The Ascent of "Torture Porn"

Brent Bozell

8/24/2007 12:01:00 AM - Brent Bozell

Several years ago, I was visiting with a neighbor, a career military man, a veteran of World War II, Korea and Vietnam. I asked him what his most harrowing experience was. None of those, he answered. He then walked me through his assignment in the military police, in San Francisco during the '50s, when his job was to go undercover to penetrate the lowest, darkest corner of society and expose what to most was simply unthinkable: the snuff-film world, the dark, seedy rooms where men sat, having paid hundreds of dollars apiece, watching grainy 8-millimeter footage of real humans being tortured and killed.

We wondered then if a "civilized" society could ever accept this genre in the open. It's worth asking again because we are inching ever closer to it.

As long as there's been a Hollywood, there have been "horror" movies. But what qualifies as horror in the eyes of today's horror movie manufactures is altogether different from anything Alfred Hitchcock considered as art.

Take Darren Bousman, director of the forthcoming horror flick "Saw IV." He eagerly told that in his new movie, "there is a scene where I physically regurgitated in my mouth. There is stuff in this movie that I'm dying to see, whether it gets past the MPAA (ratings board)." Scenes that make the directors vomit make them happy? Bousman told a horror-movie website he's looking forward to his next movie, a horror-film-meets-musical: "There's nudity, there's violence, there's tons of hot girls, there's breaking out in song while ripping spinal cords out. It's great!"

Perhaps you're thinking that these remarks sound like over-enthusiastic pre-release publicity, and I agree. But now take Eli Roth, the maker of the recent flop "Hostel: Part II." His delight with gory moviemaking is breathtaking. He told Interview magazine, "Everybody says that I'm different on the days we're shooting the gore -- that I'm just extra happy. I try to have that same excitement and enthusiasm for every scene, but when we're doing some really disgusting scene, I'll catch myself gleefully jumping up and down at the monitor. I'm so happy I could cry."

And then he said something even more remarkable: "We're in a really violent wave, and I hope it never ends. Hopefully, we'll get to the point where there are absolutely no restrictions on any kind of violence in movies."

It's been a bad year at the box office for horror movies, but that's not due to a reluctance to display gore. Due to their low cost and potentially high reward, Hollywood studios are churning out the horror product, 42 movies this year compared to last year's 23. Why aren't they working? Even scary-movie producers acknowledge that there's virtually nothing you can do to a human being onscreen that is taboo any more. The audiences have become desensitized, numb -- bored.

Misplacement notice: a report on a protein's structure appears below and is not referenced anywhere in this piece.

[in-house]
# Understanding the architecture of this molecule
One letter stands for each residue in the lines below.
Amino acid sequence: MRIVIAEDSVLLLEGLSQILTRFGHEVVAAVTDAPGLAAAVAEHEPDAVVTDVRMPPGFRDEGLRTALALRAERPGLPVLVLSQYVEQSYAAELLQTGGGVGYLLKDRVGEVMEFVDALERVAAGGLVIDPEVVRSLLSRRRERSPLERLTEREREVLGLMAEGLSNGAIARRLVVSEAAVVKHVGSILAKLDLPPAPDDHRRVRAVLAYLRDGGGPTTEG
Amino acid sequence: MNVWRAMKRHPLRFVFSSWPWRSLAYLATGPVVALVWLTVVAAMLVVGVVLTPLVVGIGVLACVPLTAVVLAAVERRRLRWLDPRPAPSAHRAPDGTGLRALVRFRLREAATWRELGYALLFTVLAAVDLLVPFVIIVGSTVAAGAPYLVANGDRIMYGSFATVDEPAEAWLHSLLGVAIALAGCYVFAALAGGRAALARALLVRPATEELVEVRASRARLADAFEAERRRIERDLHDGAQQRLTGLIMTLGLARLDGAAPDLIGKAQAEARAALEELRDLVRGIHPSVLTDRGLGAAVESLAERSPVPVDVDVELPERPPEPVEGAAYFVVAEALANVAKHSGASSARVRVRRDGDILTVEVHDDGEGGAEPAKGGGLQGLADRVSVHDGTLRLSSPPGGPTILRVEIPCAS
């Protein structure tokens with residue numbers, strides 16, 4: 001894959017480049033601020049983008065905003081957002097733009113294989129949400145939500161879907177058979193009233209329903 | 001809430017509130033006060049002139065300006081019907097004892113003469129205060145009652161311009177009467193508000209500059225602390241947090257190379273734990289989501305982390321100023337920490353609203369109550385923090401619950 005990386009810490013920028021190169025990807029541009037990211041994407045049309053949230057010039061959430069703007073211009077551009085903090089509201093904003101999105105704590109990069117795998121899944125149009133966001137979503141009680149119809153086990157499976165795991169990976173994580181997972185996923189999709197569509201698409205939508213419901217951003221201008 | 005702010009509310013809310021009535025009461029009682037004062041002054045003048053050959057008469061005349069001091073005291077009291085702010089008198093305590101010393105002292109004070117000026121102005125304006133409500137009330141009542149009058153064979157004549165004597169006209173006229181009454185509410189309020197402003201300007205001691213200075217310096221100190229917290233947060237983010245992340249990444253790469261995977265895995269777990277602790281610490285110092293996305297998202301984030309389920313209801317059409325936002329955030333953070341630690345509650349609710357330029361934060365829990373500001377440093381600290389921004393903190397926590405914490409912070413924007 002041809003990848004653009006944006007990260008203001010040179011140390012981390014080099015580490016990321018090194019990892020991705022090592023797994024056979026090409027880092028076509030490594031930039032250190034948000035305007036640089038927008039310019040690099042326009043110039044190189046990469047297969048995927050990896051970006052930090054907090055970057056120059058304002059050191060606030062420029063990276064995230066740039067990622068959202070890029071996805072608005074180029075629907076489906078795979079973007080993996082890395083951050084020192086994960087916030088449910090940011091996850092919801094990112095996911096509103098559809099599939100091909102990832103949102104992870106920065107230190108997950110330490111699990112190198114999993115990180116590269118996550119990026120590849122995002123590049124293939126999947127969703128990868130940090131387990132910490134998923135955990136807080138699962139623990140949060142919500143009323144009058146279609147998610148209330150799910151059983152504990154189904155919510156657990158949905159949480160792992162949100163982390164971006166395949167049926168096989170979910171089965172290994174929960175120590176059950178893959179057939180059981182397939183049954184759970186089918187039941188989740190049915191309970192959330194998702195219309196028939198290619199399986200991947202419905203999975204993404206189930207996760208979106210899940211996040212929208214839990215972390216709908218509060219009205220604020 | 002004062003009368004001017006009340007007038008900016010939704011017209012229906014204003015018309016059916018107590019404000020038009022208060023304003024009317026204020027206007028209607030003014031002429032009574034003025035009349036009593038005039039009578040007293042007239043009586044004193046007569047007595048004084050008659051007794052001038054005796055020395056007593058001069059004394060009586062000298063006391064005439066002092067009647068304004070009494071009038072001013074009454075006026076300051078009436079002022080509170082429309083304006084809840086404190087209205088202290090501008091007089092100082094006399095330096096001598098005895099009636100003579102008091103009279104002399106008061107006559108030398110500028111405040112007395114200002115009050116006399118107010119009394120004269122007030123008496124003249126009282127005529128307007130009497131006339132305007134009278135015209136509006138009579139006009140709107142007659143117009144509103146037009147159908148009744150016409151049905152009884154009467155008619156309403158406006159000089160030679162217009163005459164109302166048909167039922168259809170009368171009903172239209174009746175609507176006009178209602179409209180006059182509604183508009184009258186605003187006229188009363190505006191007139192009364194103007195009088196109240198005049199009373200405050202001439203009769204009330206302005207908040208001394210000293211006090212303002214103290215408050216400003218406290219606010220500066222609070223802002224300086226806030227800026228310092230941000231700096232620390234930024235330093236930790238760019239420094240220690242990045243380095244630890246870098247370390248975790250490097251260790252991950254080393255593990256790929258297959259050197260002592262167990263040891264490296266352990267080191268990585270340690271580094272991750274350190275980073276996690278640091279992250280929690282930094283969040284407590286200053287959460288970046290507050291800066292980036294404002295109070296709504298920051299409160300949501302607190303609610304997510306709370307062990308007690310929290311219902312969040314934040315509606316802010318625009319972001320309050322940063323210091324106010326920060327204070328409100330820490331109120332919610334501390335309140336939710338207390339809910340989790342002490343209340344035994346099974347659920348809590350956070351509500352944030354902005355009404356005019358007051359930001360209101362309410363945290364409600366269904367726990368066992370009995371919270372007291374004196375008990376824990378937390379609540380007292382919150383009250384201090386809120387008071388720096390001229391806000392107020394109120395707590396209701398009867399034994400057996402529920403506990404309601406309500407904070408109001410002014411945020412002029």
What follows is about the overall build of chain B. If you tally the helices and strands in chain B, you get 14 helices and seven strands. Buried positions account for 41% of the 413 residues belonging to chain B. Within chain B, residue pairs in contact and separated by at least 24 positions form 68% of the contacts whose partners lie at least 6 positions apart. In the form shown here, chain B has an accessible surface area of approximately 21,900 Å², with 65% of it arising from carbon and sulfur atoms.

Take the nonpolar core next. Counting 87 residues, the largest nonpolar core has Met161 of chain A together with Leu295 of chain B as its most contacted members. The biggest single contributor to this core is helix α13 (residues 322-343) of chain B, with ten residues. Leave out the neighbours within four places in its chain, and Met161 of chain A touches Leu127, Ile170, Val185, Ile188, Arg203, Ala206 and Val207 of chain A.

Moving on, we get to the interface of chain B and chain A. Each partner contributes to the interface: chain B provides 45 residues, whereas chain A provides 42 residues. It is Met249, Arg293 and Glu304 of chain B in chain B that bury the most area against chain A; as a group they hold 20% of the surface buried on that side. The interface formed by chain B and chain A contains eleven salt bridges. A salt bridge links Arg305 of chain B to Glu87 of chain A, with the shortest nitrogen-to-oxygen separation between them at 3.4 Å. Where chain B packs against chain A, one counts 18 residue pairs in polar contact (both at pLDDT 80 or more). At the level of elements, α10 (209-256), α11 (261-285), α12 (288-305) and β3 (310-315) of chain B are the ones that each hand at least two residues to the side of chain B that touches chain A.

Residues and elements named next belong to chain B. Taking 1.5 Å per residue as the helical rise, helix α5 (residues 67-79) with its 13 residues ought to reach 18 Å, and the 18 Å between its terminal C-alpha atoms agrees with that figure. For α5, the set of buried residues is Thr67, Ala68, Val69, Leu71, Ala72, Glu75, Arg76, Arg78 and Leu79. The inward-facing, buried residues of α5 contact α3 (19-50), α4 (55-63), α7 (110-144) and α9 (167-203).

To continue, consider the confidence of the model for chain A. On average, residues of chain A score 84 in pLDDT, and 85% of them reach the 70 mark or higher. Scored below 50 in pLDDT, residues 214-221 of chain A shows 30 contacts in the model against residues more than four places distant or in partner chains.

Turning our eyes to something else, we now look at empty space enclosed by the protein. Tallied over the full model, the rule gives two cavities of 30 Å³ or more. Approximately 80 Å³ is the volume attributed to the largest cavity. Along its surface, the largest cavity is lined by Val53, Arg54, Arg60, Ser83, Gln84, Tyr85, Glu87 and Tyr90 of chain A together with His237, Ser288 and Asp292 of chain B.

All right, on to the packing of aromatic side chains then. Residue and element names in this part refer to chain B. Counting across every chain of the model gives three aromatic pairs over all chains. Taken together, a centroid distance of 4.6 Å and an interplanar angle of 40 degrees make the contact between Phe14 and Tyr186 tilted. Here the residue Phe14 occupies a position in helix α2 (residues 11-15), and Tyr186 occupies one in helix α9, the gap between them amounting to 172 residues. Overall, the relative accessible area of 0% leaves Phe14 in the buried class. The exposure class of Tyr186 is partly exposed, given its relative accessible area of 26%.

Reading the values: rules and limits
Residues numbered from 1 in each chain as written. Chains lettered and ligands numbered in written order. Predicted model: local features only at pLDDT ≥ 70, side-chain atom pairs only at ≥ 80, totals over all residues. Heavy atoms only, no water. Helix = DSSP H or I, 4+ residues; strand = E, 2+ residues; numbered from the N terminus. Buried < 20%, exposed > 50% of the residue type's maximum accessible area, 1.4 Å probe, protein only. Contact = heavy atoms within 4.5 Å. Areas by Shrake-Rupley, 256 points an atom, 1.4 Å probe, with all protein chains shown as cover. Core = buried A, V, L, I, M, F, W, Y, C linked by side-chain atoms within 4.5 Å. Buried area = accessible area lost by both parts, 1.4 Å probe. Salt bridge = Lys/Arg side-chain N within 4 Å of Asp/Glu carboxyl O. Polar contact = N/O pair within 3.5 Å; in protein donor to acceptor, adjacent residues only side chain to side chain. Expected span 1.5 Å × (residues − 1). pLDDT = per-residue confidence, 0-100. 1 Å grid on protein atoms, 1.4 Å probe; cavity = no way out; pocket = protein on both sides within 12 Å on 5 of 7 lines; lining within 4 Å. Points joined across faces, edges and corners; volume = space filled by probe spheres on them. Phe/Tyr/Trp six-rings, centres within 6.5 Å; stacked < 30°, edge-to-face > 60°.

Which is why these horror manufacturers have now drilled even deeper into the dark side of the human psyche. Self-proclaimed lifelong horror-movie fan Don Kaye wrote a piece for suggesting the current ocean of gore on screen has even drawn its own name: "torture porn." It doesn't necessarily involve sex or nudity, although it can. "Instead, it expresses the idea that its viewers are intensely, pruriently aroused by the sight of human bodies -- usually young, nubile ones, and quite often female -- getting torn into bloody chunks in the most awful ways imaginable."

Exhibit A in this new genre is the forthcoming film "Captivity," starring blonde beauty Elisha Cuthbert. In another case of over-enthusiastic publicity, studio executives were forced to withdraw promotional posters in New York and Los Angeles that showed graphic images of the abduction, torture and death of Cuthbert's character on billboards and taxicabs.

Kaye argued that the current tide of blood-splattered "torture porn" causes viewers to feel disgust, not hair-raising fear. The characters are never developed enough to make the audience feel any emotion about them. They're simply straw men and women, there to be sliced and diced. Filmmakers are trying to help audiences enjoy a smackdown of pain and death.

But is this what audiences really want? The current downturn in the horror-movie assembly line could suggest a real disgust with the new trends, or it could simply be an oversaturated market. Or perhaps the horror movie manufacturers will decide that not even "torture porn" is enough and it's time to go deeper still.

What then?